Vagneur: What’s it all about?
It’s all about the skiing, isn’t it? For a lot of us, that’s at the top of the list, but there are other things going on, like real estate closings. And discussions about whose plane is going to get us there and back again. Not too long ago, I skied with a guy who is big in real estate on a nationwide basis. You’d recognize his name if I mentioned it, but then again, would you care? Not a bad skier, either, at least not for the first run, but after that he couldn’t keep his hands off his cellphone, and I finally had to ditch him about halfway down the Face of Bell.
Rest and relaxation can be found in several areas on the mountain, “The Couch” not to be excluded from the elite list. A friend of mine refers to it as “The Sofa,” and no one has any trouble knowing what she means. If you don’t know to what “The Couch” refers to, it is the nickname for Lift No. 7, or more recently, the Gent’s Ridge lift. With all those names, it’s a wonder anyone can find it, let alone ride it (got to ride it like you find it — think Clarence Wilson and “The Rock Island Line”), and if you’re still wondering, you’ll have to journey up the relatively slow-moving beast to truly understand how magically it can rehabilitate legs loaded with lactic acid.
Another great spot on the mountain to relax (I’m talking the Big Mountain here, not one of those other three) is Bonnie’s Restaurant, located near the bottom of Tourtelotte Park, close to the spot where Spook James and I had a kicker off a mine dump that could send a kid 100 feet or more. I don’t remember much about the landing anymore, except that it didn’t kill us.
Some of us, in our exuberance today, still holler out, “I’ll meet you at Gretl’s for lunch.” Where’s Gretl’s, some of the newcomers may ask? Gretl Uhl was the first proprietor (and namesake) of the restaurant, a woman who not only was a world-class skier, but a woman who could make a world-class apple strudel. Her recipe today is still the foundation and best-seller of the dessert bar, ably manned by Muffin Dole, a wisp of a woman who can ski the socks off most every person on the mountain. The dessert bar is at the beginning of the lunch line, not the end, allowing Muffin (or her alter-ego, Patty Spilsbury) to sometimes twist your arm into a delicious dessert, which can mess with your preordained idea of what lunch protocol should be all about.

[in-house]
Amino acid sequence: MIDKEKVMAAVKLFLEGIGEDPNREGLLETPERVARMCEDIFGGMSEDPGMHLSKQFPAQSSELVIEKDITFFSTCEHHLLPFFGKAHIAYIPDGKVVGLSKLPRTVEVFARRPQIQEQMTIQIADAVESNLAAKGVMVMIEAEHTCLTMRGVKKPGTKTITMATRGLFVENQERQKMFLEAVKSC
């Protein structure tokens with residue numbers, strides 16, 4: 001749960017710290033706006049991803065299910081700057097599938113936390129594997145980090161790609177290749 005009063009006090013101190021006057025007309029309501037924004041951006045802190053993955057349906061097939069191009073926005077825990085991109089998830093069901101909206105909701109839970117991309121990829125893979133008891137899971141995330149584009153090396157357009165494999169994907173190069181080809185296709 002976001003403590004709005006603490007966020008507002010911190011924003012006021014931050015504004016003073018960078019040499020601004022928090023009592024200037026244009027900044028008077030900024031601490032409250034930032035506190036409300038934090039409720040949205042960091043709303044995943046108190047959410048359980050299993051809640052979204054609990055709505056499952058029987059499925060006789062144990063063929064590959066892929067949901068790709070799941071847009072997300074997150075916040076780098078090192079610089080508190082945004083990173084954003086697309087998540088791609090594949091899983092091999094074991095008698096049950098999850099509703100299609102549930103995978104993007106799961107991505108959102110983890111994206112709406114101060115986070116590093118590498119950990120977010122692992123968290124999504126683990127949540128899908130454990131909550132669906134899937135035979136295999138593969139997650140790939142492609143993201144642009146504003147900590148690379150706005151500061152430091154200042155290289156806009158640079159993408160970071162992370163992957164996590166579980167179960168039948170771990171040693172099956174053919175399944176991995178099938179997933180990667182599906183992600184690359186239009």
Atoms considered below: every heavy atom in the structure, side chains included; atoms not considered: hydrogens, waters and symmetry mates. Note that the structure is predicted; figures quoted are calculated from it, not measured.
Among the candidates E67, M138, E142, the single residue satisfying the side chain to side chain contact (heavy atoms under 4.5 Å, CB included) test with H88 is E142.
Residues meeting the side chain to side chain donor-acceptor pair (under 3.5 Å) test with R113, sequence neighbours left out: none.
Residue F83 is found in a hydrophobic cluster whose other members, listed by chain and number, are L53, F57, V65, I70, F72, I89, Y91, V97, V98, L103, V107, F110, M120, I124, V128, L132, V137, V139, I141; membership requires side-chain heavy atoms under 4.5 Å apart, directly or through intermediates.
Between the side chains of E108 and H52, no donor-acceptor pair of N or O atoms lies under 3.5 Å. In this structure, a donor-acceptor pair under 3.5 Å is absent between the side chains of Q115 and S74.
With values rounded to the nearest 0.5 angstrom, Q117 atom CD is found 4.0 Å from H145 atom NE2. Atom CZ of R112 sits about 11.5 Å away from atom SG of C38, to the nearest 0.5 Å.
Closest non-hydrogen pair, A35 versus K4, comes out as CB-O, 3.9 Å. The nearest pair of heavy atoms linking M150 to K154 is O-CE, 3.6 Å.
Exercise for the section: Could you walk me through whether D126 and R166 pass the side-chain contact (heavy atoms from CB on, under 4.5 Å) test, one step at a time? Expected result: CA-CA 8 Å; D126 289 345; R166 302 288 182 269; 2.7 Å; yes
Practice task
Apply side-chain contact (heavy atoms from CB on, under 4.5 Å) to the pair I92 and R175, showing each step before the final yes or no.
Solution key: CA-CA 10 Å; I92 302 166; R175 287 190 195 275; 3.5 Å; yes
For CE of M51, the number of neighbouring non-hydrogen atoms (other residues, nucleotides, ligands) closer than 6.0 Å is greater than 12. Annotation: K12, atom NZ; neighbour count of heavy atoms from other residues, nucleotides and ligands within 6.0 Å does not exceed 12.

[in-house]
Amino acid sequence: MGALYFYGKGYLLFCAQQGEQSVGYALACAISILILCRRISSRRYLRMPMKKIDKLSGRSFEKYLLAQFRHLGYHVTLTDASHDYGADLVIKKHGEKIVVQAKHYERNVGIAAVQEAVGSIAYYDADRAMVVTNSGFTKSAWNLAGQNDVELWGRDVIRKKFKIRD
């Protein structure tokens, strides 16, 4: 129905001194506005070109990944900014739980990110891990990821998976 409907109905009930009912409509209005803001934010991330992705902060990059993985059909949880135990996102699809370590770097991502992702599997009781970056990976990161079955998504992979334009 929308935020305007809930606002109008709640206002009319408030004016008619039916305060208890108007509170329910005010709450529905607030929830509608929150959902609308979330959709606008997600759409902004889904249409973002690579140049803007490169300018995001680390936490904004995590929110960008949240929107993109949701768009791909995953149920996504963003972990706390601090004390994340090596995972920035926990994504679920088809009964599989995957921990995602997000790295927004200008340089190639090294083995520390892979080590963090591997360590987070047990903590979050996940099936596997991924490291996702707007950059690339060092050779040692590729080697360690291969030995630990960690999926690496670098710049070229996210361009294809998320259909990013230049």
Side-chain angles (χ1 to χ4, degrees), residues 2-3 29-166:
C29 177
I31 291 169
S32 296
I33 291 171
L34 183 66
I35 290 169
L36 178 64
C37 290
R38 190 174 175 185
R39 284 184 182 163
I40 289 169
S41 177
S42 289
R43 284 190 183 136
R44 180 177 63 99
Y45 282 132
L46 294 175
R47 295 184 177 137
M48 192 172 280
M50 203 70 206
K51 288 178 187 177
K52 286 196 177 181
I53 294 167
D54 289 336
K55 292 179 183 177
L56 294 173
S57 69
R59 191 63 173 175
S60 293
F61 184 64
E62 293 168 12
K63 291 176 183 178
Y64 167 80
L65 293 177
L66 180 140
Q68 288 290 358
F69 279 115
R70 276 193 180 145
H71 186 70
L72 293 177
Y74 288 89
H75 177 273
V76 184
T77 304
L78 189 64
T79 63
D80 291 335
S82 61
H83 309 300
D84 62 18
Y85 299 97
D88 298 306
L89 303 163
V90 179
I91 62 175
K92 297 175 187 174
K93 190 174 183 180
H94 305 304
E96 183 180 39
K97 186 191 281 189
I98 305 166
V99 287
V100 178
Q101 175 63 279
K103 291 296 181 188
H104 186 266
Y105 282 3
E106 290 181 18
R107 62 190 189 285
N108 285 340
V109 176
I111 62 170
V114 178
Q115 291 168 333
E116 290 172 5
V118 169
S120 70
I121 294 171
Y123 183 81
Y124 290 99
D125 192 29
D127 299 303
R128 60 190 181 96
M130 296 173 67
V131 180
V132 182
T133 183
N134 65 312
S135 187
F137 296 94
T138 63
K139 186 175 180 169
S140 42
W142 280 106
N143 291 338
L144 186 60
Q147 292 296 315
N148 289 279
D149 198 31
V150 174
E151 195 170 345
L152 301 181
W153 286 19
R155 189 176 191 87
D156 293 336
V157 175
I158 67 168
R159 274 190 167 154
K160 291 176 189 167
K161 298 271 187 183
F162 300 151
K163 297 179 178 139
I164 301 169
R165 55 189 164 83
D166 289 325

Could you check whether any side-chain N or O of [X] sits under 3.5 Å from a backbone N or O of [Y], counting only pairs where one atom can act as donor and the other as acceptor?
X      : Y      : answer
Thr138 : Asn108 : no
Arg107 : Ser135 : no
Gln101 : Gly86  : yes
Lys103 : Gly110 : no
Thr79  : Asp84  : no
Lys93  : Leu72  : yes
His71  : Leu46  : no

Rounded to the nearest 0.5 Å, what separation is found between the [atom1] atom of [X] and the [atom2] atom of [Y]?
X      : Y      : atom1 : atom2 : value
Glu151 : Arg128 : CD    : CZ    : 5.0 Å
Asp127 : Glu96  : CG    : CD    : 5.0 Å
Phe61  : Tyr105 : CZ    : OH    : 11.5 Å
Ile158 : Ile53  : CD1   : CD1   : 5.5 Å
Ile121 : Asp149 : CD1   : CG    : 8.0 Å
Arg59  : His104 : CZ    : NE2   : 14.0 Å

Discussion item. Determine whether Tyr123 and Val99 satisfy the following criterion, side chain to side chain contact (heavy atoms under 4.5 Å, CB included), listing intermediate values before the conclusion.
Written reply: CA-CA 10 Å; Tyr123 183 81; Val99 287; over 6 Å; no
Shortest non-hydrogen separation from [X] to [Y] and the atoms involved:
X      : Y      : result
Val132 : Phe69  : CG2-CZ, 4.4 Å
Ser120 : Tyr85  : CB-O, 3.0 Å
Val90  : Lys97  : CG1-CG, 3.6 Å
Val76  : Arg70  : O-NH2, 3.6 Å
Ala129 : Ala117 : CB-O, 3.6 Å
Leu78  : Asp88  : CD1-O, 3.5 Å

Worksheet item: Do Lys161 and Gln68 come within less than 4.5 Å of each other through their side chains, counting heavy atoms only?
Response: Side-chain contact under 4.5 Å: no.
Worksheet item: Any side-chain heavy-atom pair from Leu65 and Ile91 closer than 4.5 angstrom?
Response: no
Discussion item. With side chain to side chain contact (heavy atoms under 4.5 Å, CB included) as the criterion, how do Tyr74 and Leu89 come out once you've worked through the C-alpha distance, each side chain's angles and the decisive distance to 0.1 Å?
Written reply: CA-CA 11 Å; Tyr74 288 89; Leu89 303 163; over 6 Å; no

If you do stop in at Bonnie’s Restaurant (named after Bonnie Rayburn, who operated it for years) — well, Peter Greene had a hand in it along the way, and it is now under the able management of Brigitte Birrfelder, a lovely restauranteur who grew up at the Sundeck, skiing to school every morning. If you think about it, the chain of management is kind of a family thing among locals, which is probably the reason it’s the on-mountain go-to place for those in the know. By the way, the run directly behind Bonnie’s, once referred to as Lower Percy’s, has since been renamed Gretl’s. Become immortal and you’ll get a ski run named after you.
Beware the wandering fork if you do check out Bonnie’s. Those forks, cruising the tables, looking for a delectable dessert that is not being eaten fast enough, come in all sorts of hands and are a danger to anyone who lets his guard down. Perhaps the most notorious of these forks belongs to a good friend and intellectual sparring partner of mine who also happens to be a ski professional. Several years ago, my partner Margaret and I went to lunch at Bonnie’s for the first time together, where we also selected a huge chunk of carrot cake for dessert. The aforementioned friend saw us sharing the dessert and without saying a word, swooped down for a stainless-steel forkful of cake. With mouth full, and without ever muttering an intelligible word, he wandered off toward the exit, followed by Margaret’s incredulous remark, “Who the hell was that?”
In the end, I guess it’s not all about skiing, or even real estate. It’s mostly about a bunch of local characters who call Aspen Mountain home for a good part of the year. And who like dessert.
Tony Vagneur writes here on Saturdays and welcomes your comments at email@example.com.
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